A Medtronic physician survey found that 39% of pain patients were denied an MRI due to their device. It also found that 35% of physicians had explanted at least one patient to allow them to get an MRI. Explantation is a significant event requiring a surgical procedure and, thus, imposing tremendous physical and economic burden on patients and healthcare systems. It could also delay the diagnostic process. Many patients do not receive SCS therapy due to their need for future MRIs. Analyses of payer data found that 0.7% of SCS patients are getting MRI scans post-implant. Some of these scans are on-label head scans however; it is also likely that some off-label scans are in this data set as well.

The main concern about performing MRI with a SCS in situ relates to one or a combination of the main components that make up the MRI environment:

  • the static magnetic field
  • the static magnetic field spatial gradient/the gradient magnetic field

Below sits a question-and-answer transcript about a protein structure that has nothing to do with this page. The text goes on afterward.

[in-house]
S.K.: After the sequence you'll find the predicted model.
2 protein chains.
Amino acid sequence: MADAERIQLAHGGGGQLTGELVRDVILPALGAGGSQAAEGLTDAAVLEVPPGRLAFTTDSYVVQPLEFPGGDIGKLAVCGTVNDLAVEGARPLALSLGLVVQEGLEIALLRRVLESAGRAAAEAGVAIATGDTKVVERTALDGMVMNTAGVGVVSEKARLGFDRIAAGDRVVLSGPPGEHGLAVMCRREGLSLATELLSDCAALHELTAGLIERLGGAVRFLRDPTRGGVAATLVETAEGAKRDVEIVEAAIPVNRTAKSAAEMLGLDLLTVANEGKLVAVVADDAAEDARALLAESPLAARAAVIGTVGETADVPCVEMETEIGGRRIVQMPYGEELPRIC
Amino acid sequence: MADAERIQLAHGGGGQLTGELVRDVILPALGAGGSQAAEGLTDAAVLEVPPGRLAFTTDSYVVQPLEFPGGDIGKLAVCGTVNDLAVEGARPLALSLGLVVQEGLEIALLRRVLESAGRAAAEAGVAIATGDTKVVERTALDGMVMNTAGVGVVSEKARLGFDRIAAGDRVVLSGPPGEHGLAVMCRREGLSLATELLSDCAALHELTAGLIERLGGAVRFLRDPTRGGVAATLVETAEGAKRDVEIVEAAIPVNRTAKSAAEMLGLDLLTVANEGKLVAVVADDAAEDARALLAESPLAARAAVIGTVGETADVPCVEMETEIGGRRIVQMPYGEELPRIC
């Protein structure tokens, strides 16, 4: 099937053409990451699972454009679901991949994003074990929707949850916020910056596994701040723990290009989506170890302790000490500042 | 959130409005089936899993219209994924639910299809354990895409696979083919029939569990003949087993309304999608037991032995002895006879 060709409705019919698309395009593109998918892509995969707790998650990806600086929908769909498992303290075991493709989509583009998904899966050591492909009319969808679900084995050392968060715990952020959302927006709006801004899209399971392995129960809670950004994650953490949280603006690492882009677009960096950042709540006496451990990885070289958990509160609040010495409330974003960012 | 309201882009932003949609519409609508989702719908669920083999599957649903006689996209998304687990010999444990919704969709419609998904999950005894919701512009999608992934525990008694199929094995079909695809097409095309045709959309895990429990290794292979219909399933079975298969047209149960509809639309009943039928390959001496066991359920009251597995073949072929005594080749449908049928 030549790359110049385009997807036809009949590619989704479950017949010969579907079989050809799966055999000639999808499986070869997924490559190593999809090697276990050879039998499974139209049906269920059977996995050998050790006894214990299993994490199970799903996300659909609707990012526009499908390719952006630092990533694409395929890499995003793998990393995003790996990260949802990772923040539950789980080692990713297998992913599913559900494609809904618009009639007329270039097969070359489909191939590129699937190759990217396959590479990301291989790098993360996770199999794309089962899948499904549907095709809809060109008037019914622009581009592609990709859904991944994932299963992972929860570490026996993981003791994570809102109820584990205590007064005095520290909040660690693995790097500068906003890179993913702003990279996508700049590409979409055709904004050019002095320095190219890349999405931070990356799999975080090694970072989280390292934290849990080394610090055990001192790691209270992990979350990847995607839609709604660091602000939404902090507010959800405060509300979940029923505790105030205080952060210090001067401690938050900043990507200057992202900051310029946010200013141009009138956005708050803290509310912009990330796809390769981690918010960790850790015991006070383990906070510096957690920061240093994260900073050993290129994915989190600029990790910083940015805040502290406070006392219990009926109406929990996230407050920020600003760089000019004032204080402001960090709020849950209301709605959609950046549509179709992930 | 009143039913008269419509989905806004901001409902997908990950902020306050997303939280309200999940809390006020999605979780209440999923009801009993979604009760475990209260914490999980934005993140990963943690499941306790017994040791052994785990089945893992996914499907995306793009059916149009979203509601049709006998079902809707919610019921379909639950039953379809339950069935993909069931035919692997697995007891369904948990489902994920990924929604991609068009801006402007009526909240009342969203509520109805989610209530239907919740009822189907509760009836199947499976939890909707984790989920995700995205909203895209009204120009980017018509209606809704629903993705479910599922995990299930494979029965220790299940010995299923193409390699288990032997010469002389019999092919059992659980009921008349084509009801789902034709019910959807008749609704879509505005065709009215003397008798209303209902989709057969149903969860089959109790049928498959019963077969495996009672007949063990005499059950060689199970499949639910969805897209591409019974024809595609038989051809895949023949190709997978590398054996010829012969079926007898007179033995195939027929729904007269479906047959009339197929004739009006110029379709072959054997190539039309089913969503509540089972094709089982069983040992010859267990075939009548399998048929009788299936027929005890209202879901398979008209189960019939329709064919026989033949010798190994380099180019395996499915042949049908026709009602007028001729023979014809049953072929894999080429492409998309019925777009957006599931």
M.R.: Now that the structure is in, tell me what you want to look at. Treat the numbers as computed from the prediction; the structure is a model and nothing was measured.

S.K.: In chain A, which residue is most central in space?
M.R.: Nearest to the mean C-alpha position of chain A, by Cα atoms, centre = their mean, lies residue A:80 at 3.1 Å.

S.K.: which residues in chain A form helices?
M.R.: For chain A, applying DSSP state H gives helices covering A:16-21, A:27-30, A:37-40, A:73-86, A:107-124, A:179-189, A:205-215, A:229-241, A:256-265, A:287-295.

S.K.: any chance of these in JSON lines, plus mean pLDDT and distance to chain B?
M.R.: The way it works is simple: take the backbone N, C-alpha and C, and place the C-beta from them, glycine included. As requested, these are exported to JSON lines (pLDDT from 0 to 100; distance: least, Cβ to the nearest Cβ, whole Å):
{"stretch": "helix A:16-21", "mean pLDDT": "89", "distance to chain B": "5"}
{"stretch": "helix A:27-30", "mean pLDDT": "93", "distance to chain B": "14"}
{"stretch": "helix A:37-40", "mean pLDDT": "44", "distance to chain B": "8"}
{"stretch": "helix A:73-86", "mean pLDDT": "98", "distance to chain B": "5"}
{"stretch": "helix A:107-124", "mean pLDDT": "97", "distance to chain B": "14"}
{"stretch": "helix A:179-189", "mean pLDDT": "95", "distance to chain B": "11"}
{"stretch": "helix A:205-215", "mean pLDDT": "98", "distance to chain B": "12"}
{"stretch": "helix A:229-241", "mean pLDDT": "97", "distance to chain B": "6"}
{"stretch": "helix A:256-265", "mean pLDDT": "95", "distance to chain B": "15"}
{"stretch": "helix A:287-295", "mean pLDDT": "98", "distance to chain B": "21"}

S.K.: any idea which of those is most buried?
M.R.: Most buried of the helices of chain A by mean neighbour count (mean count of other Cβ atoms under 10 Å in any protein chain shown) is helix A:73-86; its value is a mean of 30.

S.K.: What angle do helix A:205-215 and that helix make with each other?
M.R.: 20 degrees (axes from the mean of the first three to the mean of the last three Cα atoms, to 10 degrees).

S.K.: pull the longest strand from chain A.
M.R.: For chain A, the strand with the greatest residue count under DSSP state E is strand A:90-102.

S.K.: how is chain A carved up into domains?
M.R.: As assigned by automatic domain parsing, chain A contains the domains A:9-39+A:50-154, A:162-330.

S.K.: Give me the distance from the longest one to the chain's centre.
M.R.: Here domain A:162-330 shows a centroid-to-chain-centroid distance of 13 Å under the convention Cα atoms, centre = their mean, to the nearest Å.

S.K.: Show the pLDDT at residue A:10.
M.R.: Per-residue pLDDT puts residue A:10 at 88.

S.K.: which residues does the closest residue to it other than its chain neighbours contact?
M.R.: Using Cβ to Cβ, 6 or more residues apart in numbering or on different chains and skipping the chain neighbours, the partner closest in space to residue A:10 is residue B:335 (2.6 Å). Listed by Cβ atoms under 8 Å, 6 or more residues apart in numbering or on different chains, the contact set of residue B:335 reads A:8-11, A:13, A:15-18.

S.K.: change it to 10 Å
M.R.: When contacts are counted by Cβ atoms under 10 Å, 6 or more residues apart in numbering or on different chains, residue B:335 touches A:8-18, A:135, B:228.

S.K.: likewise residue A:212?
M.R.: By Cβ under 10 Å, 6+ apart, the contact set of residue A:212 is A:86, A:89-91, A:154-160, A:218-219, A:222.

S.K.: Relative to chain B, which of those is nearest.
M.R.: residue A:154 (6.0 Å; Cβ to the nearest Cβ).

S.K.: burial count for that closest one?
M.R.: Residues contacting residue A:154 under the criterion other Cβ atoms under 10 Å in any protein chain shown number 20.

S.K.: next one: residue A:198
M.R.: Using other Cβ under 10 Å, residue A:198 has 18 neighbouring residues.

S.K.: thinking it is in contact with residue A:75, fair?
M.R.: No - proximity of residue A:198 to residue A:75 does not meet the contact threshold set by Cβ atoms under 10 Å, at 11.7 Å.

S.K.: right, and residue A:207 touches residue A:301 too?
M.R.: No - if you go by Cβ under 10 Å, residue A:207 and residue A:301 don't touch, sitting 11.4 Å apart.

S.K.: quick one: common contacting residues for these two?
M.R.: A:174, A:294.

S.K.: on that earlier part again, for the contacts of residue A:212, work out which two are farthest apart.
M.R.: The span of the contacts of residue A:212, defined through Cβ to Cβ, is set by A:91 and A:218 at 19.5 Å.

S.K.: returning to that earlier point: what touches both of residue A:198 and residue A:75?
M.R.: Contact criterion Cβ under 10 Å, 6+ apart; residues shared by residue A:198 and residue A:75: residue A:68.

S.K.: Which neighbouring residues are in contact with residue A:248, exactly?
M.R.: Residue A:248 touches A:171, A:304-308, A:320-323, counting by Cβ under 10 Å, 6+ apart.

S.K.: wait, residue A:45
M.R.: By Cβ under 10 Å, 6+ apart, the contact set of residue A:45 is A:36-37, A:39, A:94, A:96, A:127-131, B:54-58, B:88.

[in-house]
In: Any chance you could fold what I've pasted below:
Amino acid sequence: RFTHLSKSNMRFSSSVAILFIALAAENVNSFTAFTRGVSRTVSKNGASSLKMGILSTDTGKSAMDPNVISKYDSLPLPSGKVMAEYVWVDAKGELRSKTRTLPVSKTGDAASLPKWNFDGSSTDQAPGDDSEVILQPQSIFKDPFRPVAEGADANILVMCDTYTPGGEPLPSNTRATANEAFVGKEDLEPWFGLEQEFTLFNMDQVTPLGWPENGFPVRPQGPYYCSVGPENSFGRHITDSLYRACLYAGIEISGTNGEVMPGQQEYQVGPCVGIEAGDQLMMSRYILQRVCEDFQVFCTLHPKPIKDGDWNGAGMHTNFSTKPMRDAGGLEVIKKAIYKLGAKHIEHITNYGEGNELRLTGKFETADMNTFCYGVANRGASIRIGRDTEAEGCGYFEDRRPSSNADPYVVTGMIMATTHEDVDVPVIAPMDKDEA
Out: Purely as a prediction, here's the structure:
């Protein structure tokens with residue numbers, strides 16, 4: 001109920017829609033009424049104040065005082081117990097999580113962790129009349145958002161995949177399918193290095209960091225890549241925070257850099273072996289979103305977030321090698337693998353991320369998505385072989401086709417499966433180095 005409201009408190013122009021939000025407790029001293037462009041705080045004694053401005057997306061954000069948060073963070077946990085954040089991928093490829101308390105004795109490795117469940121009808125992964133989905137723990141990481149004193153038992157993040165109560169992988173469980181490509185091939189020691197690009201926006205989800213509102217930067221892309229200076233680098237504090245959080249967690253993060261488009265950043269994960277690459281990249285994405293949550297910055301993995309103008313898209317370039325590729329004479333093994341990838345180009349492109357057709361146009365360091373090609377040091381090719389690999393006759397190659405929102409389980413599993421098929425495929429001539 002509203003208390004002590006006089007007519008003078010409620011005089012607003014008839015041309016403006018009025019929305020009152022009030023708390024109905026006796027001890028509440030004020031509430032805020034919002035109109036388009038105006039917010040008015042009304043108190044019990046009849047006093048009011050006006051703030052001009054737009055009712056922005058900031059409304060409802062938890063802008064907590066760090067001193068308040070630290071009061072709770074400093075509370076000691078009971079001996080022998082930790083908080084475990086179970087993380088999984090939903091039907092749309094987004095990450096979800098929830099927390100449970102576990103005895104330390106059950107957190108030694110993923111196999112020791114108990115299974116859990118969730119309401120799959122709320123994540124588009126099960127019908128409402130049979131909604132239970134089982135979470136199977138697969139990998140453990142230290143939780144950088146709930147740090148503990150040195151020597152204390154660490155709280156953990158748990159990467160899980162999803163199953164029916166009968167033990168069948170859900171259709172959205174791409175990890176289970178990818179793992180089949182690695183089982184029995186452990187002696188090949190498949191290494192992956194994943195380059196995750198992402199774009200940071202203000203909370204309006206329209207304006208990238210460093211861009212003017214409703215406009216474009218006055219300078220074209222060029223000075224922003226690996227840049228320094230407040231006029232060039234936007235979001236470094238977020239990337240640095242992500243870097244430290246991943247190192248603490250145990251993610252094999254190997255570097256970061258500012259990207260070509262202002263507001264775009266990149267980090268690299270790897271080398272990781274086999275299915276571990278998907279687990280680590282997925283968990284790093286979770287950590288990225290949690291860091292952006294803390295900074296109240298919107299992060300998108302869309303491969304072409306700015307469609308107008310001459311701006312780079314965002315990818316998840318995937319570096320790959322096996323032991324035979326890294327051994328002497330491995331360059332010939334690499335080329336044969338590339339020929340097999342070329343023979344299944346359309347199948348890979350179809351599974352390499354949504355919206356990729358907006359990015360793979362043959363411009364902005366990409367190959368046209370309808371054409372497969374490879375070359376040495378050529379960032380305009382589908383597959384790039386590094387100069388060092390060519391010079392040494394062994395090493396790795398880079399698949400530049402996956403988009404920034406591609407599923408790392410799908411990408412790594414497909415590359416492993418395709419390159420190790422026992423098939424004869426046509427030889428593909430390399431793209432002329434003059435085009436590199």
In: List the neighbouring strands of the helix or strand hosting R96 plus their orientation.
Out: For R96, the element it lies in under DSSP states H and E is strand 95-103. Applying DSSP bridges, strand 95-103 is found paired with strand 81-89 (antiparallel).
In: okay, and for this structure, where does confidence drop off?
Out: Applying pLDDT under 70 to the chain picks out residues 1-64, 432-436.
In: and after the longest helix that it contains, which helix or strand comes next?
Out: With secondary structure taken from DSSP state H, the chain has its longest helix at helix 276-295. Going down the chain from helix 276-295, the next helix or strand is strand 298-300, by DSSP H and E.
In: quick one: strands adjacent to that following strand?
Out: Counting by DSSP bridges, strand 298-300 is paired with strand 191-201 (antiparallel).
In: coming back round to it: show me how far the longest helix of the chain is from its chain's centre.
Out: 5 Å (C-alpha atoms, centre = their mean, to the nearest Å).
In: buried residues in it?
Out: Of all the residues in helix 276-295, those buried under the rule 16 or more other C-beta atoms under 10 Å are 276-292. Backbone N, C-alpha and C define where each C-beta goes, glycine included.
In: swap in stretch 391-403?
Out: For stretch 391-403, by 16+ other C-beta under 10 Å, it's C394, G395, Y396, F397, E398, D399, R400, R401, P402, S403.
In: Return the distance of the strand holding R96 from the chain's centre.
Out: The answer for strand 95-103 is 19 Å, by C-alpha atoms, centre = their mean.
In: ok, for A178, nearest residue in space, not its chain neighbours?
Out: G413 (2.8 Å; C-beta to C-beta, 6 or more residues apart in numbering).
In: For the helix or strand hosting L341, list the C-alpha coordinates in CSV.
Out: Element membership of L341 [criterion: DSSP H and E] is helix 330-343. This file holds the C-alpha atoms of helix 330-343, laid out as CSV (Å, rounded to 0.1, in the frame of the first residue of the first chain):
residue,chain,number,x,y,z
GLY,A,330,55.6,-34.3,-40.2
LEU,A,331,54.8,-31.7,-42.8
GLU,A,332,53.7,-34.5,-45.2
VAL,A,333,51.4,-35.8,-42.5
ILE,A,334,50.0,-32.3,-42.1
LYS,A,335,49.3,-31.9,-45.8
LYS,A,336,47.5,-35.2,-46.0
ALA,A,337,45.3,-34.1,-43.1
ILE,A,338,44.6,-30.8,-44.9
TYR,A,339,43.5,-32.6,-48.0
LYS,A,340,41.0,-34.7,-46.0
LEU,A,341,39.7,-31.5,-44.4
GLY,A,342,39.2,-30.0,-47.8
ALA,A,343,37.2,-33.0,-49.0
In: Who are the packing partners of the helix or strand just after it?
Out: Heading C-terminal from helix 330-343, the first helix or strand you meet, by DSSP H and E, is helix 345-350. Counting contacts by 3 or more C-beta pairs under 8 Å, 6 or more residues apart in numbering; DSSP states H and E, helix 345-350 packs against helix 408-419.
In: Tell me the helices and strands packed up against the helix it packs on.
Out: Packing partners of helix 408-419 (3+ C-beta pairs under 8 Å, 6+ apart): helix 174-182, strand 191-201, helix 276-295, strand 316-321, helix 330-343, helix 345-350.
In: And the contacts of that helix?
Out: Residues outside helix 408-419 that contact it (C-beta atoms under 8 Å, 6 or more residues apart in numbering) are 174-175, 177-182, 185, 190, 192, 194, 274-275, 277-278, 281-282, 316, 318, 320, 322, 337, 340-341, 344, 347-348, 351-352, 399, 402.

• the radiofrequency field.

The static magnetic field:

The static magnetic field is measured in Tesla. It is in the direction of the length of the patient. The static field exerts forces and torques on all metallic objects. These forces are 10 to 10,000 fold stronger on ferromagnetic substances. The object will rotate for alignment with the field, exerting rotational force (torque) on an object with tearing of tissues and translational force on an object resulting in tearing of tissues and acceleration of an object into the bore of the magnet (“missile effect”).

SCS electrodes are typically made of platinum and iridium with lead conductors and polyurethane insulators that lack ferromagnetic composition, making them unlikely to be affected by the static field. The IPG has relatively small quantity of ferromagnetic components. Some of the old anchors and extensions have significant amount of ferromagnetic components. Hence, the possibility of static magnetic field damaging the SCS equipment or patient is negligible.